How then has British Gas reached, in a matter of a few months, a state where it needs a special working party and Sir Tim Bell to find ways of salvaging its image? The phenomenon is easy enough to explain, less easy to forgive in a supposedly professional management. Cedric Brown's 75 per cent pay increase, revealed in November, was plainly the start, but other companies have been through that particular mill and suffered remarkably less pain. The incompetence was in the way the announcement was handled.

The real damage came later, however. In short order there came an increase in gas prices, the announcement that those paying by direct debit would get a 10 per cent discount though not those paying promptly in cash, a pay reduction for some staff in the showrooms, and cuts in spending on safety checks. The coup de grace came with the axing of bill paying and information points from the gas showrooms. All these things would no doubt have be handled better had they not been leaked first.

Certainly all of them seem to make reasonable commercial sense. Neither the City nor the regulator, Ofgas, has any problem with them. Nothing, however, can make up for the loss of public esteem they have caused. British Gas is learning the hard way that it is much easier to lose a reputation than gain one.

It is easy enough to explain how it happened. It is not just on the public relations front that British Gas is in turmoil. Chopping the UK gas business into five separate operations - little empires each with their own problems to solve and each with a desire to shine - appears to have deflected British Gas from the main task of paying attention to its customers. For a company that faces competition in its domestic marketplace for the first time next year, the customer should have remained king. In its haste to respond to commercial pressures, British Gas seems to have forgotten this ever so important little principle.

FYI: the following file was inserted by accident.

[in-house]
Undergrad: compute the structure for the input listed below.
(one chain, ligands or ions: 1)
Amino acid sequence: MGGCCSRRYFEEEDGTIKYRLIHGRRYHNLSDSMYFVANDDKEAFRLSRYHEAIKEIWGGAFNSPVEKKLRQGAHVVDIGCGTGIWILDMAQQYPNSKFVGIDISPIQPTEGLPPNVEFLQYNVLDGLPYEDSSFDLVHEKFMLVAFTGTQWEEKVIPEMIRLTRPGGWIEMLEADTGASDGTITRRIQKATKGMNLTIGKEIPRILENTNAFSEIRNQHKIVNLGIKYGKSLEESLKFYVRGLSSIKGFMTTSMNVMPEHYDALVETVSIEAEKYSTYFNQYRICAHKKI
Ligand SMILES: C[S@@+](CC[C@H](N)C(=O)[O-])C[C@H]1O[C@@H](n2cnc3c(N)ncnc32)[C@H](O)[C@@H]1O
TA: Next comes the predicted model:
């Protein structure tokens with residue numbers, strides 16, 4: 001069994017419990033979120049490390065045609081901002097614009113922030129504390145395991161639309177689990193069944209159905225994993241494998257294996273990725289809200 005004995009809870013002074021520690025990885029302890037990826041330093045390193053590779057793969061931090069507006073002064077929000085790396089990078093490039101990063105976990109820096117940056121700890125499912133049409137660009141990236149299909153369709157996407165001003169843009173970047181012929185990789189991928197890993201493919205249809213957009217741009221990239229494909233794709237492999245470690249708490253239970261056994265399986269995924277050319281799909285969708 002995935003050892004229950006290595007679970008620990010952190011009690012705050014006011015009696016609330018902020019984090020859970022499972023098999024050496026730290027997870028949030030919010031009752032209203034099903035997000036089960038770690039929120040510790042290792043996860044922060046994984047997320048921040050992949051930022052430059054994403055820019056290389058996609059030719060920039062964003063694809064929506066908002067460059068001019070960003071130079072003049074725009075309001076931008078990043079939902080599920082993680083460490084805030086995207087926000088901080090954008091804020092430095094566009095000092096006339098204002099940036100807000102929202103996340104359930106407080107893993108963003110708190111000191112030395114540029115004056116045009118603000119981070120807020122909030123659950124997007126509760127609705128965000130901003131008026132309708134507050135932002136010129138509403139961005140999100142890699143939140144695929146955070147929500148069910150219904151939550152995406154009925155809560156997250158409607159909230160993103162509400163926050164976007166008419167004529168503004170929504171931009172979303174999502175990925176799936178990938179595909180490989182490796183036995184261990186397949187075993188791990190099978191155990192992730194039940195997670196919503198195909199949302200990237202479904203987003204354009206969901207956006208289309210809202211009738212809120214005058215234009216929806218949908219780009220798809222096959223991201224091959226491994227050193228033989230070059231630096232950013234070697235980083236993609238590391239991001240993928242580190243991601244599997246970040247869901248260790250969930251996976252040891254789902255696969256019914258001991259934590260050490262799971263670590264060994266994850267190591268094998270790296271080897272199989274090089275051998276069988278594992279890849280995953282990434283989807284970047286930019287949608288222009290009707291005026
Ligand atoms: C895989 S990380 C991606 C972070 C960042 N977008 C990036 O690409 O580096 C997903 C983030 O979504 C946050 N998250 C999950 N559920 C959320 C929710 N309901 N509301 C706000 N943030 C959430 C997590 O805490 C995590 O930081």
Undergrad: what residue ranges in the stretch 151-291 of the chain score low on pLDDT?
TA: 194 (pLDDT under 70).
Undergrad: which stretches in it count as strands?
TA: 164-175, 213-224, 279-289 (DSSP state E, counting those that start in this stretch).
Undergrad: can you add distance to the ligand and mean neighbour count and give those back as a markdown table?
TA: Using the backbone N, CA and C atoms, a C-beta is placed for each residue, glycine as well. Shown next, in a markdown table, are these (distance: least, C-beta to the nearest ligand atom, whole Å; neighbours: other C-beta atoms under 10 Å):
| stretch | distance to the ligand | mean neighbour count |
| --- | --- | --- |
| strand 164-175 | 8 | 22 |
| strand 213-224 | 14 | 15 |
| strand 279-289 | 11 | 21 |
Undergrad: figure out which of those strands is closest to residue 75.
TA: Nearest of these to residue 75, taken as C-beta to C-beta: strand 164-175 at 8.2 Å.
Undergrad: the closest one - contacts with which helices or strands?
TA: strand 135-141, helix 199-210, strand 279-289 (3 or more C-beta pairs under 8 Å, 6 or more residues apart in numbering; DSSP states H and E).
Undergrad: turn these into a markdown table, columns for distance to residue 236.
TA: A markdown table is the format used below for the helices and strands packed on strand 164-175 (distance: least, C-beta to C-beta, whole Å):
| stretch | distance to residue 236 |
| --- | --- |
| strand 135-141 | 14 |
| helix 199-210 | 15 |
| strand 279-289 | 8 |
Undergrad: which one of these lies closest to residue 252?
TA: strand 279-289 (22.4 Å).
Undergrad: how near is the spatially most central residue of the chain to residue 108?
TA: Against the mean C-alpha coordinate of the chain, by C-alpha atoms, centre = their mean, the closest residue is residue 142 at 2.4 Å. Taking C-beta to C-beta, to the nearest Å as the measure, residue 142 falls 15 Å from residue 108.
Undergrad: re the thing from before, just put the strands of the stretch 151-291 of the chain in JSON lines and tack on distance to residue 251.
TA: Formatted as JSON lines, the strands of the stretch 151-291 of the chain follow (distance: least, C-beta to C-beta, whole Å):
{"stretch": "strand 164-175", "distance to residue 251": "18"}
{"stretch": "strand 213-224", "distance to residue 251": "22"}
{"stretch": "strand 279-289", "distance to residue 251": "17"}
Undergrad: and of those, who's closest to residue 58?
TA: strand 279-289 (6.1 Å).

What next then? With luck British Gas will have learnt its lesson. The remarkable thing about whole affair is that it needed to learn it at all.

Eurotunnel starts to turn the corner Eurotunnel, for so long an investment dog, is in danger of being rehabilitated. Throughout last year, the company peered into the abyss; now it is a new year share tip in the media and the City. Things are looking better than for years. Yesterday marked another positive milestone. News that Le Shuttle services are now running around the clock, and that 12,000 passengers booked tickets in just two weeks, are further confirmation that things are on the turn.

Investors should be wary of overdoing the good news, however. Eurotunnel is still in bad shape. Although all commercial services are now up and running, 1995 revenue forecasts will be badly hit by the delay in their introduction. The sudden rush to buy Le Shuttle tickets may have more to do with novelty value than anything else. The real test will be in the summer when the war with the ferry companies, and the airlines, begins in earnest.

The summer months account for two-thirds of ferry companies' profits and they are not going to give up revenues without a fight.

Eurotunnel cannot afford a price war. To finance £8bn of debt, Le Shuttle needs to meet tough passenger targets.

Eurotunnel has missed so many forecasts in the past that new ones must be treated with scepticism. Eurotunnel seems to be heading in the right direction, but the jury is still out.